Ethan Smith, shown here in this undated photo in front of his coffee business, The Coffeesmith, at the intersection of Main Street and the Sterling Highway in Homer, Alaska. (Photo by J Coe Photography)

Ethan Smith, shown here in this undated photo in front of his coffee business, The Coffeesmith, at the intersection of Main Street and the Sterling Highway in Homer, Alaska. (Photo by J Coe Photography)

Meet the man behind one of Homer’s newest drive through coffee shacks

Ethan Smith wants to serve up good vibes along with a good buzz at The Coffeesmith

The man slinging beans in one of Homer’s newest roadside coffee stands is on a mission that has more to do with people than it does java.

Motorists frequenting the Homer Bypass will have noticed a giant red coffee cup that appeared in the empty lot at the intersection of the highway and Main Street over the summer. It’s pretty hard to miss. The same can be said of its proprietor, Ethan Smith, who can usually be found in some combination of red and black shirts and suspenders.

Smith, who was born in Seward and raised there as well as in Valdez, has lived in Homer for about the last five years. He came to complete a program at the Alaska Bible Institute and fell in love with the town, he said.

Smith is no stranger to the coffee business. Before opening his own drive through shack, he has worked serving coffee at the Washboard, Coop’s Coffee and Portside Coffee & Co. Smith said he’s often thought over the last few years how great it would be to strike out on his own and manage his own coffee business, if only he had the means.

Those means came in the form of a phone call from his sister, a commercial fisherman in Prince William Sound, who told Smith she would like to help him by investing in a business idea. Smith then found out another local coffee business owner was looking to sell his equipment.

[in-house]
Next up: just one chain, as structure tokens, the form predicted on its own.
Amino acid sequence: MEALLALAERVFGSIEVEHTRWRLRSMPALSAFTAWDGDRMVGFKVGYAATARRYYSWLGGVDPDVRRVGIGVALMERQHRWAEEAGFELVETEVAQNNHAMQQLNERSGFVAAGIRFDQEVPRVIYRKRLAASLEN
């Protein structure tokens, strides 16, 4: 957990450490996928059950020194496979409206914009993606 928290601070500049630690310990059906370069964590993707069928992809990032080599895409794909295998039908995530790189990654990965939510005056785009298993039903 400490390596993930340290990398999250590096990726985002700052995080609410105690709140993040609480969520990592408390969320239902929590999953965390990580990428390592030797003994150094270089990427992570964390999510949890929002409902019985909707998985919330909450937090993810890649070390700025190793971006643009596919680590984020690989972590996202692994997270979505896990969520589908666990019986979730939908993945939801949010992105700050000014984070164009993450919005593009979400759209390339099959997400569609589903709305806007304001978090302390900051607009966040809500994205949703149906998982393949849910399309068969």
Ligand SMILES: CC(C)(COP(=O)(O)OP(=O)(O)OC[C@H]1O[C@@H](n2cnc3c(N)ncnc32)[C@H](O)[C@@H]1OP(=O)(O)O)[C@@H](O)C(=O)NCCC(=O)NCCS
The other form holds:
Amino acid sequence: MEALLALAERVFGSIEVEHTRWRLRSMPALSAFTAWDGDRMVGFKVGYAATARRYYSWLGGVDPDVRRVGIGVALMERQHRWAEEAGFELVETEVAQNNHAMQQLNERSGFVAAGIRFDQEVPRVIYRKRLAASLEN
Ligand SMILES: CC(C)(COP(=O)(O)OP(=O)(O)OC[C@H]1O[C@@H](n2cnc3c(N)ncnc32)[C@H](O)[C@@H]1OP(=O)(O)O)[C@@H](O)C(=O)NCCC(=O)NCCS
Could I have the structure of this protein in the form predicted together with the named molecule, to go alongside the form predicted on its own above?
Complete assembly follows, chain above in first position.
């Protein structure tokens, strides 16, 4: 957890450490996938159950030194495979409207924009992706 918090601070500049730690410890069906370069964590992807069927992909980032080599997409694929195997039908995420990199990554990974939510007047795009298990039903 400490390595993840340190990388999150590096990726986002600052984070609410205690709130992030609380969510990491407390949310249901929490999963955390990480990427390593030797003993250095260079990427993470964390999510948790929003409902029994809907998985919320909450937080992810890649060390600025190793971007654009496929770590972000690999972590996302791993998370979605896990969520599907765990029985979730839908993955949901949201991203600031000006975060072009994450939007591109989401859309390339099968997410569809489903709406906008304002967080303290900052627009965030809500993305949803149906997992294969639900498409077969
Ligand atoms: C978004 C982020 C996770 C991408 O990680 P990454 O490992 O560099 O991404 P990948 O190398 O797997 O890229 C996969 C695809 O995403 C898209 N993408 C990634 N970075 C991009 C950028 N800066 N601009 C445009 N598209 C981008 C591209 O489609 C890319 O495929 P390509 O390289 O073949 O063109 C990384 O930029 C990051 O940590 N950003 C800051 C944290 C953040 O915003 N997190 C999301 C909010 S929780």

“I had an opportunity, and I figured I should take it,” he said.

After talking it over with his family and employer at the time, Smith said he made the decision to take the leap and start his own business. He bought the unmissable large red cup from Alex Trokey, a local resident who runs the Homer Alaska Podcast.

No sooner did the business have its opening day on July 12 than construction started on Main Street for the summer. Smith said his sales haven’t been quite where he’d like them for a summer season due to the construction, but that he’s hopeful he can recreate the business and interest from his first opening day.

Smith sources his coffee from Batdorf & Bronson Coffee, a company out of Olympia, Washington, and uses the Dancing Goats blend. He said he first got a taste of it while working at the Washboard and has been a fan ever since.

The menu at The Coffeesmith is intentionally pared down. Customers driving through are given a mere 1o items to choose from along with a handful of flavors. Smith said he’ll make other drinks upon requests, but wanted to keep his menu simple for those who don’t pull up knowing exactly what they want, or those who aren’t the biggest coffee experts.

Homer already has its fair share of drive-through coffee stands. They are something of a phenomenon in the state and a staple when driving through most towns. Smith said he isn’t worried about trying to compete. Every stand has its niche, he said.

“People like where they get their coffee,” he said. “If they like Kaladi Brothers (coffee) they’re gonna go to Portside (Coffee). If they like Captain’s (Coffee) they’re gonna go to Captain’s, if they like K Bay (Caffe) they’re gonna go to K Bay.”

Smith said he enjoys running the business because it allows him to connect and talk with the people of Homer. As for what he hopes to accomplish with The Coffeesmith, the answer is pretty simple: “happiness.”

“I want them to feel better after stopping by the coffee cup,” Smith said.

Smith’s goal is to create connections beyond the ordering and serving of coffee with his customers.

“I believe people have value just because they’re alive, regardless of race, color, creed, whatever,” he said. “They have value, and they’re part of the human race so let’s, I don’t know, encourage one another every day if you can. Say something nice or positive, or tell me about your day.”

Because everyone’s palate is so unique, Smith said he knows his coffee won’t always be someone’s favorite.

“That’s OK,” he said. “But I want them to leave better than when they arrived.”

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